rewards and the amount you would also end up paying. If the former exceeds
the latter, that rewards card might be worth it for you.
Of course, you should also consider the type of rewards you want to earn. For instance,
if you don't travel often, airline miles probably don't make much sense, and it
might be a better idea to settle on cashback cards or those that give you points
you can redeem for everyday items.
Cashback cards are a specific type of rewards account that may be the best option
for some people. Since rewards are paid in cash, you won't run into a situation where
you can't find a reward for your points or miles. You may even be able to
use the rewards as a statement credit and reduce your debt.
Different cashback cards also offer additional savings in particular spending categories
on a rotating basis or have other extra benefits. These may vary based on your own
personal credit history or any annual fees that the card may come with.
Also check for a cap on cash back that can be earned. This is often expressed “x
percent of purchases, up to a limit of y dollars.” In practice this may mean that
there is a maximum cashback you can earn. Many cashback offers also require you
to exceed a monthly minimum spending level before you start to accumulate cashback
These programs are a great idea for consumers who tend to carry a balance from one
month to the next because the cards apply relatively low interest rates to an account
when this happens.
The value of this type of card is easy to see: If you are paying a lot in interest
charges, you can reduce that amount with a low APR offer. However, you will
have to consider what interest rate you qualify for. That's because not every card
offer is created equal.
For this reason, you will need to consider a number of credit card apps, and inspect
them to make sure there are no other costs associated with them, such as annual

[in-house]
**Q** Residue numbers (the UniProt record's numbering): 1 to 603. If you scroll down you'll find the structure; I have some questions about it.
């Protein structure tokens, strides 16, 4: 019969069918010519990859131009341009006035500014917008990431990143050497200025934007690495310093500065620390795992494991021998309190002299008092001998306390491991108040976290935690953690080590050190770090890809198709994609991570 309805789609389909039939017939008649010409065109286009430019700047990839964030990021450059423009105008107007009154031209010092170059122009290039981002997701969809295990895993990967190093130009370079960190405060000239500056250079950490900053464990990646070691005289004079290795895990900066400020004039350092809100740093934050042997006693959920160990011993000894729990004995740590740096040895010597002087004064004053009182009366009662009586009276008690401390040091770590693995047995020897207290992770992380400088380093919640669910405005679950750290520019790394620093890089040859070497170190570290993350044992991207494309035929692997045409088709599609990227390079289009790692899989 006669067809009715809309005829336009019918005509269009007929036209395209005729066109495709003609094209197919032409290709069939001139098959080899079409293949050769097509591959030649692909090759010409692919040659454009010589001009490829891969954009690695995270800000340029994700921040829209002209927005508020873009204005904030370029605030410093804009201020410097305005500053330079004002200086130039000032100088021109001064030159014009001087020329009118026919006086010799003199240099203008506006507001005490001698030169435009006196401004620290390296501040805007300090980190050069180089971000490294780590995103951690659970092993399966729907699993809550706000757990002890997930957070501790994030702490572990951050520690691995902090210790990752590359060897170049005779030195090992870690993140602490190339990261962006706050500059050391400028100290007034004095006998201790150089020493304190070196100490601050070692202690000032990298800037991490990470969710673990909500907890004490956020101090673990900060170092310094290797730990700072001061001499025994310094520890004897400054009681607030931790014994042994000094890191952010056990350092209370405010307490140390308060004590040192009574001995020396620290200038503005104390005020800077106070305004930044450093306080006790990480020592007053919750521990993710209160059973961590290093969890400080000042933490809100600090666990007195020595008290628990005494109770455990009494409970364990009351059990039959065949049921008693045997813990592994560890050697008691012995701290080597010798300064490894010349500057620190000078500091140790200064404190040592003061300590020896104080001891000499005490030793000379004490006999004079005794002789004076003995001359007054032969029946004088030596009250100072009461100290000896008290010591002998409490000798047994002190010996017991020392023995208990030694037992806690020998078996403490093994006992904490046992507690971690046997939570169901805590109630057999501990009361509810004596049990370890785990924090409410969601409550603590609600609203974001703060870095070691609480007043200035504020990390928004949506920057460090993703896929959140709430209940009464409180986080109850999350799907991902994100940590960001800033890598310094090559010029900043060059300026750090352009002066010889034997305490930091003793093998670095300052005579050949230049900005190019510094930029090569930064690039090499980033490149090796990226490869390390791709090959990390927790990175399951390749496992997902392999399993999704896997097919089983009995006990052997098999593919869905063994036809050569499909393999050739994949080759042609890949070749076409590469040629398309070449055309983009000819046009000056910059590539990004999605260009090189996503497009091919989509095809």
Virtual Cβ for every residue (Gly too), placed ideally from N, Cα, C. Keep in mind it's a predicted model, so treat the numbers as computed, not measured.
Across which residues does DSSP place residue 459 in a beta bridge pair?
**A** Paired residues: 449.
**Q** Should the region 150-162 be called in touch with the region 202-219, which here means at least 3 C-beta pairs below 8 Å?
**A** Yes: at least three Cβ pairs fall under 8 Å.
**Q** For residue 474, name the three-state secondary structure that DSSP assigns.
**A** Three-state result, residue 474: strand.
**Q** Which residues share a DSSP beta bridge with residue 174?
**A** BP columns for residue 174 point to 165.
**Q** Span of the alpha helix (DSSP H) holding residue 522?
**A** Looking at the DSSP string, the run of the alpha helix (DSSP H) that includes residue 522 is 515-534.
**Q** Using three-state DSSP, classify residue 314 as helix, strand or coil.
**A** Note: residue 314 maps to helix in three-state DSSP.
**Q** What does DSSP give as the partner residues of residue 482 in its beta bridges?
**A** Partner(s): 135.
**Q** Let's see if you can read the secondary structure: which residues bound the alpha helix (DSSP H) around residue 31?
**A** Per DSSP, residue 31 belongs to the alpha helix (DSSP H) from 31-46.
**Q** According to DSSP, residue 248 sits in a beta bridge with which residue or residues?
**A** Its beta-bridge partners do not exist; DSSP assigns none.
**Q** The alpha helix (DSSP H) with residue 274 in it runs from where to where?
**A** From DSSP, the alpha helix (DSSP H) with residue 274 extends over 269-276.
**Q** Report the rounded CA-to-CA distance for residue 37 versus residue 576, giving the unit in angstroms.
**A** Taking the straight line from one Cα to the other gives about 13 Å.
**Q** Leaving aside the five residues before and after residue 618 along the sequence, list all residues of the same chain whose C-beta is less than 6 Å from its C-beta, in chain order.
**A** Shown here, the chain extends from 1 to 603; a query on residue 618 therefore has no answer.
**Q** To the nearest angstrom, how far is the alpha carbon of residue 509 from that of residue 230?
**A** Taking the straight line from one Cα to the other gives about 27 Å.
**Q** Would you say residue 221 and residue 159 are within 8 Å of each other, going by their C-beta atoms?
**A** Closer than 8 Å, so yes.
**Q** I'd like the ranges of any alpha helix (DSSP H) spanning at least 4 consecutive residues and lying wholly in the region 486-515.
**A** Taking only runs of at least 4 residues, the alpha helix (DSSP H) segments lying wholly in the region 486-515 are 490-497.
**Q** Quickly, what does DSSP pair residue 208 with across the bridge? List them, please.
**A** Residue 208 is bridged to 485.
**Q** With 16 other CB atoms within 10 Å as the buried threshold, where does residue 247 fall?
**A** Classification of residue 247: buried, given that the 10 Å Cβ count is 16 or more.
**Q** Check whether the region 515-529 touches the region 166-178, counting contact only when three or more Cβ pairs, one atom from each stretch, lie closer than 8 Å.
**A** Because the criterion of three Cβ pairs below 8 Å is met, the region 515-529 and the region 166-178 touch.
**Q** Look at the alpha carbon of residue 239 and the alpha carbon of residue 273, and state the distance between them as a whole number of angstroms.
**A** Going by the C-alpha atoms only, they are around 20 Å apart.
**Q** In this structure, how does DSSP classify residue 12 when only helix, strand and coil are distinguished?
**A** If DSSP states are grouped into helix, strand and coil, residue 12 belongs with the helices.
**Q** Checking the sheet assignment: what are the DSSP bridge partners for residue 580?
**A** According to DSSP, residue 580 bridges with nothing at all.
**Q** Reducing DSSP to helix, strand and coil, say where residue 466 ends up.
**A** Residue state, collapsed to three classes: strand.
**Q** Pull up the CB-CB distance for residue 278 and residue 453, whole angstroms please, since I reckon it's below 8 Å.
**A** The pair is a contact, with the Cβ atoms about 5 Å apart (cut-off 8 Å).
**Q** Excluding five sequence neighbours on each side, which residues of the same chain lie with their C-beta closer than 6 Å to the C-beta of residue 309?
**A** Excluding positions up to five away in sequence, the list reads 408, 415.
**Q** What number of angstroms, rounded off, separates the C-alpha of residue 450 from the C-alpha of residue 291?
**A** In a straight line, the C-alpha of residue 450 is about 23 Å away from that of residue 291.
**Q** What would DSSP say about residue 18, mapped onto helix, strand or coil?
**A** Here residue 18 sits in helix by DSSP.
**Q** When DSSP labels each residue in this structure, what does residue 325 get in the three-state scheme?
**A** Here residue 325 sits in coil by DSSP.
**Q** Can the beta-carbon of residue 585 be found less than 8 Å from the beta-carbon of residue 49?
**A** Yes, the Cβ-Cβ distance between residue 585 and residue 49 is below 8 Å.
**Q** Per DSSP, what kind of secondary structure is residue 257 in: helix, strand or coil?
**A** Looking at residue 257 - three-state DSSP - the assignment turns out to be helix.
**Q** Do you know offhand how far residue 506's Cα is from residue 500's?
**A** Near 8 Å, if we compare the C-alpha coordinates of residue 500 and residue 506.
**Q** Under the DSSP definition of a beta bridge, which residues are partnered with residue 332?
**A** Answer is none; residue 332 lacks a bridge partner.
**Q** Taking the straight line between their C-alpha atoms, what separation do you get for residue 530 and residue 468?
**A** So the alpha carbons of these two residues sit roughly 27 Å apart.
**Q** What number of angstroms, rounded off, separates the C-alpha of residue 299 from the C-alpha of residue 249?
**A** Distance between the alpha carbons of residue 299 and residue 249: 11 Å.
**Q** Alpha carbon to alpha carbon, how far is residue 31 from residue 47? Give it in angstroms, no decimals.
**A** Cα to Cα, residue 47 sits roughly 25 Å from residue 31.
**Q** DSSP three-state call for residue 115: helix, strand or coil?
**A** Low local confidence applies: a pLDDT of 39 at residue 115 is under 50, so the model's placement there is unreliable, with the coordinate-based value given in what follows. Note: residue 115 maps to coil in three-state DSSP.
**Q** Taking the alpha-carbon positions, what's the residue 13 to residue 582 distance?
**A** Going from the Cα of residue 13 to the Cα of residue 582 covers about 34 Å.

fees. These might eat into the savings you expected to enjoy from your new
card and make them less beneficial than your current account.
You might also want to consider comparing the various online credit card applications
for these accounts with what you are paying for carrying over your current balance.
The difference might not be as stark as you think.
These cards are idea for those who do not tend to use their credit card very often,
or want an account they can put away for a rainy day.
These are ideal because they do not charge an annual fee, as the name implies, and
can therefore be relied on only in an emergency or when a big purchase has to be
made, without worrying about incurring costs for simply letting it sit in
your wallet or desk drawer.
Of course, lenders usually make sure they generate some amount of revenue from these
cards by increasing the ongoing APR, so it is important to make sure you pay down
your balance in full at the end of every month to avoid higher interest charges.
Furthermore, you should also know lenders might cancel such a card if it goes too
long without being used, so making even a small purchase on it every few months
will ensure it stays open.
These cards are generally intended for people who do not have a credit history -
usually young people, hence the name - and therefore the cards can come with terms
that may not be overtly beneficial. That's because the lender usually cannot accurately
judge the recipient’s credit risk.